News & Events
The Mosse-Lectures at Humboldt University in Berlin, founded in 1997, commemorate the history of the Mosse-family, the German-Jewish publishing house Rudolf Mosse, and George L. Mosse – the eminent historian – who gave the series’ opening speech on May 14, 1997. As an academic institution, the Mosse-Lectures continue the tradition of democratic liberalism, which was established and defended by Mosse’s newspaper Berliner Tageblatt, in their commitment to the support of cultural exchange, transfer of knowledge, and political enlightenment. With support from The Mosse Foundation, the Department of German will bring selected Mosse Lectures to Berkeley.
We would like to thank The Mosse Foundation and Stanford University Press for their generous support.
The Fourth Annual Mosse-Lecture at the University of California, Berkeley:
We were able to hold the 4th Mosse Lecture at Berkeley in person at the Brower Center after a long hiatus due to a halt to public events during the pandemic. We had invited Ilija Trojanow last year but had to postpone due to ongoing restrictions to international travel. Special thanks go to our distinguished speaker who traveled from afar and was incredibly generous with his time. He offered a week-long writing workshop with colleagues and students from Cologne, Münster, and Berkeley. Participants benefited greatly from lively discussions, his passion for good prose, thorough research, and political engagement, along with practical tips on writing.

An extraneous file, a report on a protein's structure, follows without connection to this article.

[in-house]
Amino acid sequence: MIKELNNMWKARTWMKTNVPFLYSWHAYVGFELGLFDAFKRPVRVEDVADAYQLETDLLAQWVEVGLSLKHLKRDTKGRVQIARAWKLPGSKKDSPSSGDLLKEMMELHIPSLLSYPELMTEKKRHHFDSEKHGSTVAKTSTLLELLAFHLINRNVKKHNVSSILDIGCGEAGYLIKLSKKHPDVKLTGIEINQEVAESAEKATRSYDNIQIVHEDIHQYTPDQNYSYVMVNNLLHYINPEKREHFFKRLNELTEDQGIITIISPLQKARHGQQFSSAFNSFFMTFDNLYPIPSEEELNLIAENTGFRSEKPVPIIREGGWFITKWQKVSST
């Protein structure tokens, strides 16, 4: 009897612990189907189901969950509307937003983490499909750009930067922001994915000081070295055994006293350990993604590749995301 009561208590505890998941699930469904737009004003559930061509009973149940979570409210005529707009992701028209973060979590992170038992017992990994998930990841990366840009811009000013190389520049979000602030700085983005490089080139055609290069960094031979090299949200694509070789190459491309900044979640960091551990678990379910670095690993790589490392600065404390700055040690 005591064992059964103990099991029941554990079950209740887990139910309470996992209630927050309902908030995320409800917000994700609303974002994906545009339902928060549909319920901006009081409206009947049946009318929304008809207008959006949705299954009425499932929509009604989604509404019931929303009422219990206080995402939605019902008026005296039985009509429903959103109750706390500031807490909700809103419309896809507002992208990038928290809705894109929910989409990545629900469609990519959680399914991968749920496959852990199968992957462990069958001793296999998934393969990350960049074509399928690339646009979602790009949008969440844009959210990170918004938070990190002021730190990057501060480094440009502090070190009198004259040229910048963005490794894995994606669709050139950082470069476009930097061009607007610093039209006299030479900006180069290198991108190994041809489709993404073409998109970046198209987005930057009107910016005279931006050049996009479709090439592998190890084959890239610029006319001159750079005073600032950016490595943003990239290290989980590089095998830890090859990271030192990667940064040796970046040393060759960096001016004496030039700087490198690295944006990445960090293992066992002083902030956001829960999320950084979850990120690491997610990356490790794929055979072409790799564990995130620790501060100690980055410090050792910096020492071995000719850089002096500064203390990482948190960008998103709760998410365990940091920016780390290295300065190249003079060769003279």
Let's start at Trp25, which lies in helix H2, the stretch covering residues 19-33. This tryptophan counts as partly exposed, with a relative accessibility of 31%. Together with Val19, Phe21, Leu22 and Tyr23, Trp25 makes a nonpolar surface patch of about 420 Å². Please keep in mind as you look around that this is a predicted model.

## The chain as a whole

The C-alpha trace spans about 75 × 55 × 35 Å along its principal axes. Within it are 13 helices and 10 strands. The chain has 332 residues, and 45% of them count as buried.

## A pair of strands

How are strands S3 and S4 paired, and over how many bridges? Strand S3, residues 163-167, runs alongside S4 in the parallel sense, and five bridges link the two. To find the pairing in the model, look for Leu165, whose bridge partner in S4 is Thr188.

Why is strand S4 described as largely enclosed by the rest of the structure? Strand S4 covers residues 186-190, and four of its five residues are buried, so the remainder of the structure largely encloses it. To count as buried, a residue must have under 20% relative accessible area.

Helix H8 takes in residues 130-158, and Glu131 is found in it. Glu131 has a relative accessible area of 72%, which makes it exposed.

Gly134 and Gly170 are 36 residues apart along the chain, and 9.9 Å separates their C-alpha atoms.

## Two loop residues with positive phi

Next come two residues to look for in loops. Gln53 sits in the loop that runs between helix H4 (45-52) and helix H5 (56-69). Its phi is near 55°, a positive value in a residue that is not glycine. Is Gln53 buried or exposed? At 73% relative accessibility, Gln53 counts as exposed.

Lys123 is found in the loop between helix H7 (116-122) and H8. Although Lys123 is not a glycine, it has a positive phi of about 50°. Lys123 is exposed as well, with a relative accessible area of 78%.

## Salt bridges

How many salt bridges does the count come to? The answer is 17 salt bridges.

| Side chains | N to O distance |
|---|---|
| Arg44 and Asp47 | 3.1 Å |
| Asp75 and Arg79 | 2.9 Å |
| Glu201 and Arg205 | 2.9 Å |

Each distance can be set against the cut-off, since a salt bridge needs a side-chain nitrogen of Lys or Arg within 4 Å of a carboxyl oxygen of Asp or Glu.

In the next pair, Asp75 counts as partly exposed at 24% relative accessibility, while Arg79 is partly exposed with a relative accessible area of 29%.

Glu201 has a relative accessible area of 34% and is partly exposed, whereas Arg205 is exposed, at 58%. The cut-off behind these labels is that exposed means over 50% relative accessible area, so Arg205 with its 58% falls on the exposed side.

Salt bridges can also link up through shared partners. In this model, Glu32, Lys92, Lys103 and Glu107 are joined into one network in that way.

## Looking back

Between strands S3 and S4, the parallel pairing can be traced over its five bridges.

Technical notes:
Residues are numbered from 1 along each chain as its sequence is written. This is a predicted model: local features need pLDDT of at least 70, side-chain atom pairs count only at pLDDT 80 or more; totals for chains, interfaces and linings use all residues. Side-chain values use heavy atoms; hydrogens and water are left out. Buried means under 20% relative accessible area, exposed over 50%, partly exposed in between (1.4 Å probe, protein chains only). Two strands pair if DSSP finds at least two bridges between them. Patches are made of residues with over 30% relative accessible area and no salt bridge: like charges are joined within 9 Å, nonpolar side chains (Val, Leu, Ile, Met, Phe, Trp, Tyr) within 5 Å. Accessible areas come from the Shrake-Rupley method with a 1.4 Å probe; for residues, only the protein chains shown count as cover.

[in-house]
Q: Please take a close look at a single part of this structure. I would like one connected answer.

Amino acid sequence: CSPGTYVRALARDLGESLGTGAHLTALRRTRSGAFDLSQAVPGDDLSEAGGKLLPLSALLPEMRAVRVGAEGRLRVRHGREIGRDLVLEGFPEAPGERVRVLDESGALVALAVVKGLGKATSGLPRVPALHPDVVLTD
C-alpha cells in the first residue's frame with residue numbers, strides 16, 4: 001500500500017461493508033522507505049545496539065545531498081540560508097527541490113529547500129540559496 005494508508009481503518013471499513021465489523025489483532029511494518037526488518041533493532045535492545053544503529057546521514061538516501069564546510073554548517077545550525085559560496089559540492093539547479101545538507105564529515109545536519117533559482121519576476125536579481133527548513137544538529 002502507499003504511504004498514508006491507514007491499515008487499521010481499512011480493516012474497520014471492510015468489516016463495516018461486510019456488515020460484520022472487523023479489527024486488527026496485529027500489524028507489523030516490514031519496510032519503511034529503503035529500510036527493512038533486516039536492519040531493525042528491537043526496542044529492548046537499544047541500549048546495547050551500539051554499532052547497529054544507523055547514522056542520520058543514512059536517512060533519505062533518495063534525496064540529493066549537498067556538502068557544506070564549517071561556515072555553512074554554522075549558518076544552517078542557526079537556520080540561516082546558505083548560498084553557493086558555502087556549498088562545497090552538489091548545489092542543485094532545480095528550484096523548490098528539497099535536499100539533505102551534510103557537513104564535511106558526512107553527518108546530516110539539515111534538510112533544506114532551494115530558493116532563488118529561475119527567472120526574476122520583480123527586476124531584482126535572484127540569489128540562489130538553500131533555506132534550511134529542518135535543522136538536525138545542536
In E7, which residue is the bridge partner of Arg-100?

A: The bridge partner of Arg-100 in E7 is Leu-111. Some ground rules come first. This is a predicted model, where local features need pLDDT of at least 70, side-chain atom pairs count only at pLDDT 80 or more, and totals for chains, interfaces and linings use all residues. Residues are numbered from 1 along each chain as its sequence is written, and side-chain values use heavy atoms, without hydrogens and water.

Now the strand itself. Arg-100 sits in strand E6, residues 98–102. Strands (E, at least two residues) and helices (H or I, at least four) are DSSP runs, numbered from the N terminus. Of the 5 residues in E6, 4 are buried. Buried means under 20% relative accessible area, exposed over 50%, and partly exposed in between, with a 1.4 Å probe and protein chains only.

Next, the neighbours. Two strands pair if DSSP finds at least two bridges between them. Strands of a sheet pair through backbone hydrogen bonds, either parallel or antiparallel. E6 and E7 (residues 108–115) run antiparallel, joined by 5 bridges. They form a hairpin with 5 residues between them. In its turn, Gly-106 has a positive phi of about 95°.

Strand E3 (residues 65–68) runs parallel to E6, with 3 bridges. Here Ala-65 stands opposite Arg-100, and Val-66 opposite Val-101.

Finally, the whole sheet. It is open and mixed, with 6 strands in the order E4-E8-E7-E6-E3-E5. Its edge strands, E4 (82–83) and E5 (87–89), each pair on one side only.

We are grateful to Roger Strauch from the Mosse Foundation for generously enabling these public events and helping to establish the Mosse Lectures at Berkeley and to our co-sponsors at UC Berkeley: the Institute for European Studies, the German Historical Institute, and the newly established Environmental Arts and Humanities Network at UC Berkeley.
Ilija Trojanow spoke to us as a novelist who has spent the past years exploring the history of Utopia and working on a utopian novel to be published next year. A political activist who is engaged in PEN Germany, he initiated Der utopische Raum [The Utopian Space], a multimedia platform for debate on visionary, provocative thinking in Vienna, Frankfurt, and Hamburg. A recent television documentary produced by 3Sat and ORF, Oasen der Freiheit, features the writer traveling to explore various utopian experiments. At a time when news of droughts and floods, war and destruction, violence and hunger dominate our minds and screens, as we reckon with humankind’s destruction of nature, Trojanow calls for a reboot of utopianism and reminds us of literature’s potential to imagine alternatives and possibilities.